Surprising Technology Can Prevent Dropped Object Injuries

Page 2 of 2

Surprising Technology Can Prevent Dropped Object Injuries

One accidentally dropped hammer can hospitalize a slew of employees, shutting down production on-site, ruining your injury rate and damaging your reputation among your colleagues. Plus, frequent dropped object claims, even if minor, may have a major impact on your workers compensation premium.

Dropped object accidents aren’t just common (and expensive), they are also preventable due to rapidly developing technologies.

What Are Dropped Objects?

Dropped or falling objects fall into a single injury category, but a dropped object can be anything from a chainsaw to an empty plastic bucket. Of course, size, weight and mechanism all play a role in the repercussions of an incident. However, even a light, innocuous object like an empty bucket or a bolt can be dangerous.

The severity of a dropped object incident also depends on what category it occupies: static or dynamic. A static dropped object falls from a resting position under its own weight, e.g., holding a bucket and accidentally dropping it. A dynamic dropped object breaks free thanks to the applied force of another object, e.g., a traveling load knocked by the wind. Both categories are dangerous, but dynamic objects can come with more force.

There are also two ways for a dropped object to make contact: direct impact and deflection. A direct impact is a clear line from the starting point to the impact point: nothing gets in their way. An example would be dropping a tool off scaffolding and watching it fall to the ground, unimpeded. A deflection impact diverts an object away from that path, turning the object into a projectile. If the tool you dropped off scaffolding hits one of the support bars on the scaffold, the tool can then become a projectile.

Dropped objects aren’t just a hazard because they bust up tools and damage equipment: they can cause personnel injuries and fatalities both directly and indirectly. According to the Bureau of Labor Statistics, 5 percent of all workplace injuries are the product of falling or dropped objects.

Innovative Tech for Preventing Dropped Object Accidents

Businesses have an obligation to prevent dropped object accidents: OSHA requires dropped object management in general industry (1910.28) and construction (1926.501; 1926.759). At the same time, standards for the technology and tools for preventing dropped objects are still very new: the ANSI/ISEA 121-1208 standard only launched in July 2018. As a result, many businesses are only recently considering moving away from DIY solutions, like duct tape and DIY lanyards, in exchange for ANSI 121-2018 tool tethering equipment.

What’s Happening in Secondary Safety Systems?

Drop prevention systems come in two parts: primary and secondary safety systems. You need both parts to eliminate the risk of dropped tool incidents.

Most of the technology for preventing dropped objects are part of secondary safety systems, which are a fail-safe method. Tool tethering, in particular, is an increasingly advanced way to prevent dropped tools, ensuring that even if a worker does lose their grip, the tool doesn’t travel far.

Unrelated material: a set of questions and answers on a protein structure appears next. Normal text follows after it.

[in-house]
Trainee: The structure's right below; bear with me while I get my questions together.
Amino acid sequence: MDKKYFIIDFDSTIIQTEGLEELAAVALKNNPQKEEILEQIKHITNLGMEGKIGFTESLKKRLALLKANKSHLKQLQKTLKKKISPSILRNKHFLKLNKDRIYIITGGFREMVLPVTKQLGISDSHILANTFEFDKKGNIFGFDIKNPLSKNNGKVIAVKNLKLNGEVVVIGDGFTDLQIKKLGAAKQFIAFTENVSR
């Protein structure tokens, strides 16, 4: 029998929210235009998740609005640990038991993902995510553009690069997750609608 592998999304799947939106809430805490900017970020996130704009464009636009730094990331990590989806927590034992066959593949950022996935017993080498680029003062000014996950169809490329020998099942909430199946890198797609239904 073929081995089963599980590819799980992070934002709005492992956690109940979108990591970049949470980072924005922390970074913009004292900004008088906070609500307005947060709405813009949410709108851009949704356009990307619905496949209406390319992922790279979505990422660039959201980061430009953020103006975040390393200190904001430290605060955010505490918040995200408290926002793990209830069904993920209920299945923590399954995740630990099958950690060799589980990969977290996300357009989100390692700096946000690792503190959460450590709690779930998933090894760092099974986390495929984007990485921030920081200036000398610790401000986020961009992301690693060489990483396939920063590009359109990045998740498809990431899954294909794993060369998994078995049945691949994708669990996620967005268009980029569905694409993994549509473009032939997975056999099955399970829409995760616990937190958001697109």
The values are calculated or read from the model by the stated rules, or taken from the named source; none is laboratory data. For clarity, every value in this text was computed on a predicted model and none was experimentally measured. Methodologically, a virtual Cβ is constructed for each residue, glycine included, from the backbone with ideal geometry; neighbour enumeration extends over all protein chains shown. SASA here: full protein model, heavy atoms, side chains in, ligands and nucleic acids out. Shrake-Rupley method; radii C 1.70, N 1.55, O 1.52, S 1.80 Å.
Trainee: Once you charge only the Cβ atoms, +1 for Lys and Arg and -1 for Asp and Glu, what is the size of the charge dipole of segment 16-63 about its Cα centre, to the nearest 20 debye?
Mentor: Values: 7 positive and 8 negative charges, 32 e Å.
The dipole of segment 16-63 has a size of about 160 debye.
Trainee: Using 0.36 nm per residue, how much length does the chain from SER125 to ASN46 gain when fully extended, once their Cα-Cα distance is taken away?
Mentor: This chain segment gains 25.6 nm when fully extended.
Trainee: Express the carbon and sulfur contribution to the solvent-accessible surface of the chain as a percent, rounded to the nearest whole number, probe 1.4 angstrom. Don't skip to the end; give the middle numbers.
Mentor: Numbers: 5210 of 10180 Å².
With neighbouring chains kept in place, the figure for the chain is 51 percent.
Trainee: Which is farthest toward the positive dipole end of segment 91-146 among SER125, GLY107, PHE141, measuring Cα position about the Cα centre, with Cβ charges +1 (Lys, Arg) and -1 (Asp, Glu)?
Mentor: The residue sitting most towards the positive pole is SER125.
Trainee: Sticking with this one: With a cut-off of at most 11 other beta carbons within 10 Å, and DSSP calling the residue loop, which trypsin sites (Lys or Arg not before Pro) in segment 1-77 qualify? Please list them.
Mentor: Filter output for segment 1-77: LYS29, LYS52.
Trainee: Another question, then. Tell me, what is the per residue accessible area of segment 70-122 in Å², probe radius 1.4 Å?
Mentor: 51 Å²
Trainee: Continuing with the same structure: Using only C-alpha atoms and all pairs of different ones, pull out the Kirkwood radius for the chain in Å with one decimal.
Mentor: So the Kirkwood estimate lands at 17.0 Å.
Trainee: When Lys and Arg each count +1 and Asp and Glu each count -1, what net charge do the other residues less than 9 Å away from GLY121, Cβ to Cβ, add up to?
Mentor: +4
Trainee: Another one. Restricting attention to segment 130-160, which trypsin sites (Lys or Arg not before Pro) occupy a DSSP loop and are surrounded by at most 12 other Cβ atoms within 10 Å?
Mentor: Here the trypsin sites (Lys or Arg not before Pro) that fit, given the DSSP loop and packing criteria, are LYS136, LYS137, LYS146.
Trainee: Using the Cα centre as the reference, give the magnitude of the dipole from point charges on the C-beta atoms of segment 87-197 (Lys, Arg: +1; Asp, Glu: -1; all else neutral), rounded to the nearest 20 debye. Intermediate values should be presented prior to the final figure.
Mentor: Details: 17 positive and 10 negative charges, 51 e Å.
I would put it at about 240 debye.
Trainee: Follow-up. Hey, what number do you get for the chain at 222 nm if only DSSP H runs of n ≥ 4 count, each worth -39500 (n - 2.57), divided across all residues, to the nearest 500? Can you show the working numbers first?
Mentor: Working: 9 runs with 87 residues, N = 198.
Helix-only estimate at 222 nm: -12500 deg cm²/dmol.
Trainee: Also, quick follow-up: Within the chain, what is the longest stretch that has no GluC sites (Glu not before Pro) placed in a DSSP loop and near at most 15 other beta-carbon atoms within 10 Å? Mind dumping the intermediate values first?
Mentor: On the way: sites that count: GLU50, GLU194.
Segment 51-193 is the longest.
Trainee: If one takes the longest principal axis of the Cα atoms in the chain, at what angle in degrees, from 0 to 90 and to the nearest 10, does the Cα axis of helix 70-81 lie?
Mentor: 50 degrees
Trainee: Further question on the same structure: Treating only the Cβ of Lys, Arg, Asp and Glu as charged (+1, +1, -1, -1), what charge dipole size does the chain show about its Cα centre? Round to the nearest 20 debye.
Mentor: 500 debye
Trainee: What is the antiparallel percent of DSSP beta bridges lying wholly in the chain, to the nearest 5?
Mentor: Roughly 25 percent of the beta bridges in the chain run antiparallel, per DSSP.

While the concept of a tether is simple, there are increasingly advanced tethers, attachments and anchors, each of which apply to a different tool type. Everything from the design to the materials used is increasingly high-spec, and of course, ANSI/ISEA 121-2018 compliant.

At the same time, tool tethering (and most dropped object tech) doesn’t always come in an off-the-rack format. Every tool must match its tether: size, weight and application. They all play a role. Some companies may find they need increasingly custom solutions: if you’re in oil, gas and mining or a maritime industry, then you may find you benefit from a combination of off-the-shelf tool security products and custom products.

Why Safety Software Plays a Role

An often-overlooked aspect of dropped tool accidents is safety software. While primary and secondary systems do most of the heavy lifting by eliminating or mitigating risk, you should also have teams who spot the potential for dropped objects, use inspections to ensure the correct solutions are in place and carefully investigate dropped object incidents. Together, these actions help you build out a stronger safety culture and reduce risk even further.

If dropped objects are a big problem at your workplace, software can offer insights and analytics based on your unique data which makes it easier to make changes to your dropped object safety plan to reflect the situation on the ground.

Dropped Objects Are Increasingly Preventable

Dropped objects remain a significant problem at workplaces across the country. While standards for tech solutions are still new, there are some increasingly exciting technologies found across the solution sector, from lanyard shape to anchoring technology.

About the Author

Drew Youpel, STSC, CRIS, is a career risk management professional with 15+ years of work experience in the private and public sectors. As Head of Safety Success at Safesite, Drew runs a proprietary program that assesses business risks and builds programmatic risk control solutions using a holistic approach to safety and health.

Download Center

OH&S Digital Edition

  • OHS Magazine Digital Edition - June 2021

    June 2021

    Featuring:

    • PROTECTIVE APPAREL
      High-Visibility 101: Everything You Need to Know
    • FALL PROTECTION
      Seven Tips for How to Choose and Use SRLs
    • EMPLOYEE TESTING
      How to Keep Employees Safe in 2021
    • HEAT STRESS
      The Heat is Coming - Keep Your Cool Indoors and Out
    View This Issue